Plastic waste is a major global issue and as such plastics recycling is an emerging industry to combat this environmental challenge. It is estimated that only a fraction of the world’s plastic waste is captured for reuse, despite there being many uses for recycled plastic material.

In order to begin the recycling process, plastic must enter a large tank of water to essentially clean and separate the different types of plastic. In the tank, Polyethylene (PE) floats and Polyethylene Terephthalate (PET) sinks. This process requires large volumes of water. As this water becomes contaminated, often with dairy components from ice-cream, yoghurt and milk containers, it must be regularly replaced. This can be a costly exercise, making it desirable to treat and recycle the process wastewater.

Aerofloat was contacted by Australian Recycled Plastics (ARP) to consult on its wastewater challenge at its plastics recycling plant in Narrabri, North West NSW. Narrabri has an average mean rainfall of 650mm per year and water supply is limited in the area. As such, water conservation is imperative for ARP.

When building the greenfield plastics recycling plant, ARP installed a half million litre water capture facility from the roof of the 4000m2 building, as well as a water recycling system to treat the process wastewater. This system consisted of fine screens followed by ultrafiltration.

Upon commencement of production, ARP found that a major odour problem arose at the plant as the water recycling design did not address any soluble contaminants in the water. These contaminants were being generated by the lactose from plastic products containing milk. The odours were causing occupational health and safety issues for the workers and also contaminating the final product – a pelletised plastic form of PE and PET. PET and PE pellets are used for products demanding high quality specifications, namely the manufacture of food meat trays as well as comprising a composite material for making plastic decking.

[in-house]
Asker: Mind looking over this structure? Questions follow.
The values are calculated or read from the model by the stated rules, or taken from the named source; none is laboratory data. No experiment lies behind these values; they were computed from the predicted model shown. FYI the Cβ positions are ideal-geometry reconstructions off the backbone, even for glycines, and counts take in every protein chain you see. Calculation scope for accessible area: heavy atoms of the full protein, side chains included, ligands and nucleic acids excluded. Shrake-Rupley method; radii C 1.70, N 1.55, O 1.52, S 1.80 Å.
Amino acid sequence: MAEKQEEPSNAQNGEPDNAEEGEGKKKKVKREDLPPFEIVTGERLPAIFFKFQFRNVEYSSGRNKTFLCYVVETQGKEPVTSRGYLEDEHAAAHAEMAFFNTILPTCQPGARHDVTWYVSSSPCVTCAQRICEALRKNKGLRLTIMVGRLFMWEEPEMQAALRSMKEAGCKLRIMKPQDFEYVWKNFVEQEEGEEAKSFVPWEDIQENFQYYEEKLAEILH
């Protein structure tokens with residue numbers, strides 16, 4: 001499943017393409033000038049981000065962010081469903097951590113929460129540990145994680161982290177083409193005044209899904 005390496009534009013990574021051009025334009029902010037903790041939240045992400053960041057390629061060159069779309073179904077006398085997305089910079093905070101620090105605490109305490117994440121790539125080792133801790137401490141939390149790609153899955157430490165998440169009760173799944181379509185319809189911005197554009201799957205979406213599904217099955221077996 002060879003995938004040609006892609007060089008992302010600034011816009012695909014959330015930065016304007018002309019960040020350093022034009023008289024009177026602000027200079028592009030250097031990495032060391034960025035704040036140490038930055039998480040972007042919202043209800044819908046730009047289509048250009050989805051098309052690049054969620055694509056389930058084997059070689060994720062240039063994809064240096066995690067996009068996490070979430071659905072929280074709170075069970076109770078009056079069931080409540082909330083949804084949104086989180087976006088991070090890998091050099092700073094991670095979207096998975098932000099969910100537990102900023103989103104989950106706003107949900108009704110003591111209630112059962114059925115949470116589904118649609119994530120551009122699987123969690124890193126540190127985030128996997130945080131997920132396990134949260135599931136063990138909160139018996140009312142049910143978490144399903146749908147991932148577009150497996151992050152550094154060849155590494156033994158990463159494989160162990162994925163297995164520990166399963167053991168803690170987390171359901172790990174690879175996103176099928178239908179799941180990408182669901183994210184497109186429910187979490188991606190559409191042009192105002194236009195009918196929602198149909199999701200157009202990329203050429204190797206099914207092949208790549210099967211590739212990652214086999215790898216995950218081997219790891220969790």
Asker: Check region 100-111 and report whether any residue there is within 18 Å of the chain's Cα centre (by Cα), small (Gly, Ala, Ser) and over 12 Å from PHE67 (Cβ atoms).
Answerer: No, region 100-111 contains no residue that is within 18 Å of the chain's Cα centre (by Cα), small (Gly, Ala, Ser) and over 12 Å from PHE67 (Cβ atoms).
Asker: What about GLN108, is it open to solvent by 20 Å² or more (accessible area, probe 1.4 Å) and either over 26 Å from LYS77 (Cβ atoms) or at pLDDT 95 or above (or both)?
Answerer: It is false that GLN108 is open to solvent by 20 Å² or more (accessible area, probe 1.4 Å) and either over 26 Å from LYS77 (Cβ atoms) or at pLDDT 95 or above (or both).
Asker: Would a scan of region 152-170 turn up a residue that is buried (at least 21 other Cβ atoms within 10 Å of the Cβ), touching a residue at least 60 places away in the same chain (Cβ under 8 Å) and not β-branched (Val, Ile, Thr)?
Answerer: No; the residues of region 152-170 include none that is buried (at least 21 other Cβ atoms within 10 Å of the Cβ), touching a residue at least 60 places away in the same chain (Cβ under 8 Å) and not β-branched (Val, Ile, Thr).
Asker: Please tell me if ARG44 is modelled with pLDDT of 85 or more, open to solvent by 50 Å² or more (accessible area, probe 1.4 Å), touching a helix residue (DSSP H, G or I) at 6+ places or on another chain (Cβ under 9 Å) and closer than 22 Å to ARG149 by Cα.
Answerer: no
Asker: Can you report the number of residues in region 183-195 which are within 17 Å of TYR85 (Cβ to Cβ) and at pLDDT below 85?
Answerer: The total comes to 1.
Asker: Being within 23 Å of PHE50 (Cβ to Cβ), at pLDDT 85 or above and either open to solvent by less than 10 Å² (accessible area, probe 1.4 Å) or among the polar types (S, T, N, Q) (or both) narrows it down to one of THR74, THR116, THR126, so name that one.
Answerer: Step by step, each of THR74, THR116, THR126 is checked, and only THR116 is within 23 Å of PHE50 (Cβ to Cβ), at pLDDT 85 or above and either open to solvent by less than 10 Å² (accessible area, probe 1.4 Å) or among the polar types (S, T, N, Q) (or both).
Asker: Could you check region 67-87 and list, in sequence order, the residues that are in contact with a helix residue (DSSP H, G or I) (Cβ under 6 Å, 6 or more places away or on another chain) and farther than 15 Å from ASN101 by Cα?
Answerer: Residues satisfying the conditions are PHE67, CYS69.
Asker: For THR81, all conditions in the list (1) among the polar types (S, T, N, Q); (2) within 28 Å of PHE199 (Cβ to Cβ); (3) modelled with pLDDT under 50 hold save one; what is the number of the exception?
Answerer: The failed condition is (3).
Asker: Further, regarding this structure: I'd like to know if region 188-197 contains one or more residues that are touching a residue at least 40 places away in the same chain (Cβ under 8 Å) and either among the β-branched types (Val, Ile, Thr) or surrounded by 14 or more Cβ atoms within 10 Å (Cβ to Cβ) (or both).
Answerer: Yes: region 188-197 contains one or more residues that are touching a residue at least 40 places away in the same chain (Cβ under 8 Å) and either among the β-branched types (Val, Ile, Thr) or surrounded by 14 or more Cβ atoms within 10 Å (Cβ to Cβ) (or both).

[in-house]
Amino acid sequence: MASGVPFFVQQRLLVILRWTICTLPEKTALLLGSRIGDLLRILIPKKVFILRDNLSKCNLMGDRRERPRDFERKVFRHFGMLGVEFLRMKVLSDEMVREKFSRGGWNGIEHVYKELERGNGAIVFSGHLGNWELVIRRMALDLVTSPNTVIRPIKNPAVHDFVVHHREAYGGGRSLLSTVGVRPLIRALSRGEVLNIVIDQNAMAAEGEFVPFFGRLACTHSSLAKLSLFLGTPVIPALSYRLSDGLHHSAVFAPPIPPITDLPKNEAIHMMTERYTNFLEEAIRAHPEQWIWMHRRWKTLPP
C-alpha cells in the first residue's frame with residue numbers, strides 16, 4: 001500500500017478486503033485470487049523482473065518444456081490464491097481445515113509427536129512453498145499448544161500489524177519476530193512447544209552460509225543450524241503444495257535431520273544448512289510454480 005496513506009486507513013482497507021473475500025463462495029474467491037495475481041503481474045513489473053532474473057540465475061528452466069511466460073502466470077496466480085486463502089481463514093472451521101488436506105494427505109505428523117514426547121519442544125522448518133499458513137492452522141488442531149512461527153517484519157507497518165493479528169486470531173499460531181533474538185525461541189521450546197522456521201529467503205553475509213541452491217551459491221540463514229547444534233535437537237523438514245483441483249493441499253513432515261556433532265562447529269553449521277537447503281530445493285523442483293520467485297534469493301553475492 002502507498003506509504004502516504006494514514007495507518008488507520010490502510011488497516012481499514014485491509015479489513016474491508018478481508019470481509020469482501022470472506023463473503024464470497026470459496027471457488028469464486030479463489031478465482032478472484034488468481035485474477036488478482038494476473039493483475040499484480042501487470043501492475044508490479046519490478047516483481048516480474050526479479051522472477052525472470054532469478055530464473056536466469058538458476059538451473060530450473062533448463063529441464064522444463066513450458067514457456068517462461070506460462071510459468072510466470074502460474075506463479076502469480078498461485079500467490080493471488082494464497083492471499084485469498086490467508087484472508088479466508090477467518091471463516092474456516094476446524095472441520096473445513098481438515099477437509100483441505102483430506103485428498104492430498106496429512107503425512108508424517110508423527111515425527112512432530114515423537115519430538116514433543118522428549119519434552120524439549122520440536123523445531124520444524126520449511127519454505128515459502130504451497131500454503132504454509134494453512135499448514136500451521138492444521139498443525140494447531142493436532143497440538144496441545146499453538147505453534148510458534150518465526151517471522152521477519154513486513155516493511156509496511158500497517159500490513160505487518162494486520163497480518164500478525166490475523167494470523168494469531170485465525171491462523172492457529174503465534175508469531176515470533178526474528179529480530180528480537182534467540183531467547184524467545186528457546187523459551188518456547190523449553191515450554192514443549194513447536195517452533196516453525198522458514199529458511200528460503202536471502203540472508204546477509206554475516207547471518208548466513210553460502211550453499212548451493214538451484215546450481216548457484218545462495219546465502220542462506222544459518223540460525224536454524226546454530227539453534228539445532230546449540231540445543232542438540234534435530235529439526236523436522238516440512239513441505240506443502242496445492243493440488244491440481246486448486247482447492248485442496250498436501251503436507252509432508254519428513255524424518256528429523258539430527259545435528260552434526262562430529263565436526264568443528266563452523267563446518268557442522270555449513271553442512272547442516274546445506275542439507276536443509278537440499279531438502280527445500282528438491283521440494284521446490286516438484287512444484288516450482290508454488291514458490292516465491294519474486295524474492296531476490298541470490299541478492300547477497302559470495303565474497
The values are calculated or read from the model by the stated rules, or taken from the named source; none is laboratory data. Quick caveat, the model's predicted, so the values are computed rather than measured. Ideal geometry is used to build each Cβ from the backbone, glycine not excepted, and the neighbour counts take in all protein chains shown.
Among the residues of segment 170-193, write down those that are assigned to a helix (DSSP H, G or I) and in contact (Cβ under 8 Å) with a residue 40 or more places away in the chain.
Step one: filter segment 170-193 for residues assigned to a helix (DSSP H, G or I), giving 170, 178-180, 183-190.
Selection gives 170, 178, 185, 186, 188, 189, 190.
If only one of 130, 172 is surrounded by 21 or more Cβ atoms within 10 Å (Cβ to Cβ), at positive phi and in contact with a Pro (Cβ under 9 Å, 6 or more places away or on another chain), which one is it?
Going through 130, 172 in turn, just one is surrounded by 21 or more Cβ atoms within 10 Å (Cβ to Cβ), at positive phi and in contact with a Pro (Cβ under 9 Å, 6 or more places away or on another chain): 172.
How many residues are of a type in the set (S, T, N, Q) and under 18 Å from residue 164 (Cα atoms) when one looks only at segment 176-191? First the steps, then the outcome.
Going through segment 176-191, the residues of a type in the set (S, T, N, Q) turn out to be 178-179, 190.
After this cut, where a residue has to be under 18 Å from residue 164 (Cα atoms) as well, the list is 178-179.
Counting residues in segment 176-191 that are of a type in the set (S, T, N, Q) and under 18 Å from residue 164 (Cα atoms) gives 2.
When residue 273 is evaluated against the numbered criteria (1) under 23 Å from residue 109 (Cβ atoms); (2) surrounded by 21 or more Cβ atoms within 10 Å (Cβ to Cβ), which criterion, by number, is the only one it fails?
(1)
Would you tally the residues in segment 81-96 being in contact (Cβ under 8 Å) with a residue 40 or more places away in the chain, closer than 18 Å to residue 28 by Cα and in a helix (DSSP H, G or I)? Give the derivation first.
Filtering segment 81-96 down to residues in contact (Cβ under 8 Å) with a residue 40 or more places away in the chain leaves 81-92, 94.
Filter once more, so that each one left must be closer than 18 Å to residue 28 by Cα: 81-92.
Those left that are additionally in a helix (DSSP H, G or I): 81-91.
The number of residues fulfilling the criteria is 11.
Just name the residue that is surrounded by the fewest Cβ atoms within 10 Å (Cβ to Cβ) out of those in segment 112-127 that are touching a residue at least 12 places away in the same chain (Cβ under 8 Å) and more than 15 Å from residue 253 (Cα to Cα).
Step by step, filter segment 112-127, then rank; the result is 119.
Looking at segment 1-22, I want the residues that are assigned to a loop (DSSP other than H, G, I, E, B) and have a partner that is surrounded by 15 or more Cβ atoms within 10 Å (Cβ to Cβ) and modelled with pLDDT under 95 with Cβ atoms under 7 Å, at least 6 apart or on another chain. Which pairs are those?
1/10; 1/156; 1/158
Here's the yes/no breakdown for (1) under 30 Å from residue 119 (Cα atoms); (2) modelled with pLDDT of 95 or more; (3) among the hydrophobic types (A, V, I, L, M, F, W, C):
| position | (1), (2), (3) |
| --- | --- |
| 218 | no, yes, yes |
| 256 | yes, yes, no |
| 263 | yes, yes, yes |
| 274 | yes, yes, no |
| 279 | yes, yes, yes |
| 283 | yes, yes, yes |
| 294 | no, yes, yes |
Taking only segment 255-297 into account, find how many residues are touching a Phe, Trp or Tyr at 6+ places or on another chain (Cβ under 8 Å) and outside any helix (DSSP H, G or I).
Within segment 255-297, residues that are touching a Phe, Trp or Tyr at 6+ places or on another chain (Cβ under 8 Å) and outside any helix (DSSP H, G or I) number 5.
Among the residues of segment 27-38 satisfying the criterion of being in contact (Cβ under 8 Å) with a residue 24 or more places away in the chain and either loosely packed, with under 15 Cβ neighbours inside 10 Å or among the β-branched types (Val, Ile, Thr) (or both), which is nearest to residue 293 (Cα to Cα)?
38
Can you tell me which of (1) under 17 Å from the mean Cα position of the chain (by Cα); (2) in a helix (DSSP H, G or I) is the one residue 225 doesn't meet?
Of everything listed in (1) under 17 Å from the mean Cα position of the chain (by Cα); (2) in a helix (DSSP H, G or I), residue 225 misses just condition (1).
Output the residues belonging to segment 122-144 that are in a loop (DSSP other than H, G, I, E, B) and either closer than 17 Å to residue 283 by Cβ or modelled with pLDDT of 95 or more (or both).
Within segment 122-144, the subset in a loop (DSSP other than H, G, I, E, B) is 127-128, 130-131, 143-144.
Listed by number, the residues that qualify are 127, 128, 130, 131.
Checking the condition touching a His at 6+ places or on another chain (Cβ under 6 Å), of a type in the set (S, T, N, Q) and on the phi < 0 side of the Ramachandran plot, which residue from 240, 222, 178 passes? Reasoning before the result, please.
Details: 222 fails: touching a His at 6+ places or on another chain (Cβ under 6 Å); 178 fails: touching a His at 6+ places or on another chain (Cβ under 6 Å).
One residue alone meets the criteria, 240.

To resolve the odour and contamination problems, ARP was forced to regularly dispose of wastewater and refill with fresh water, thereby causing major interruptions to operations. The operational down time and cost of replacing the water was not a viable long-term option for the company.

ARP needed a swift solution to continue operations. This is where Aerofloat stepped in.

Aerofloat installed a MBBR and Modular DAF and within a week of operation, the odour in the plant was gone. Shortly thereafter, ARP was operating at full capacity.

The Aerofloat system has been fully operational since March 2016, making ARP a very satisfied client.

Following the success of the Narrabri project, the plastics recycling equipment supplier recommended Aerofloat for another greenfield plastic recycling company overseas. Aerofloat won this project and is currently installing the system.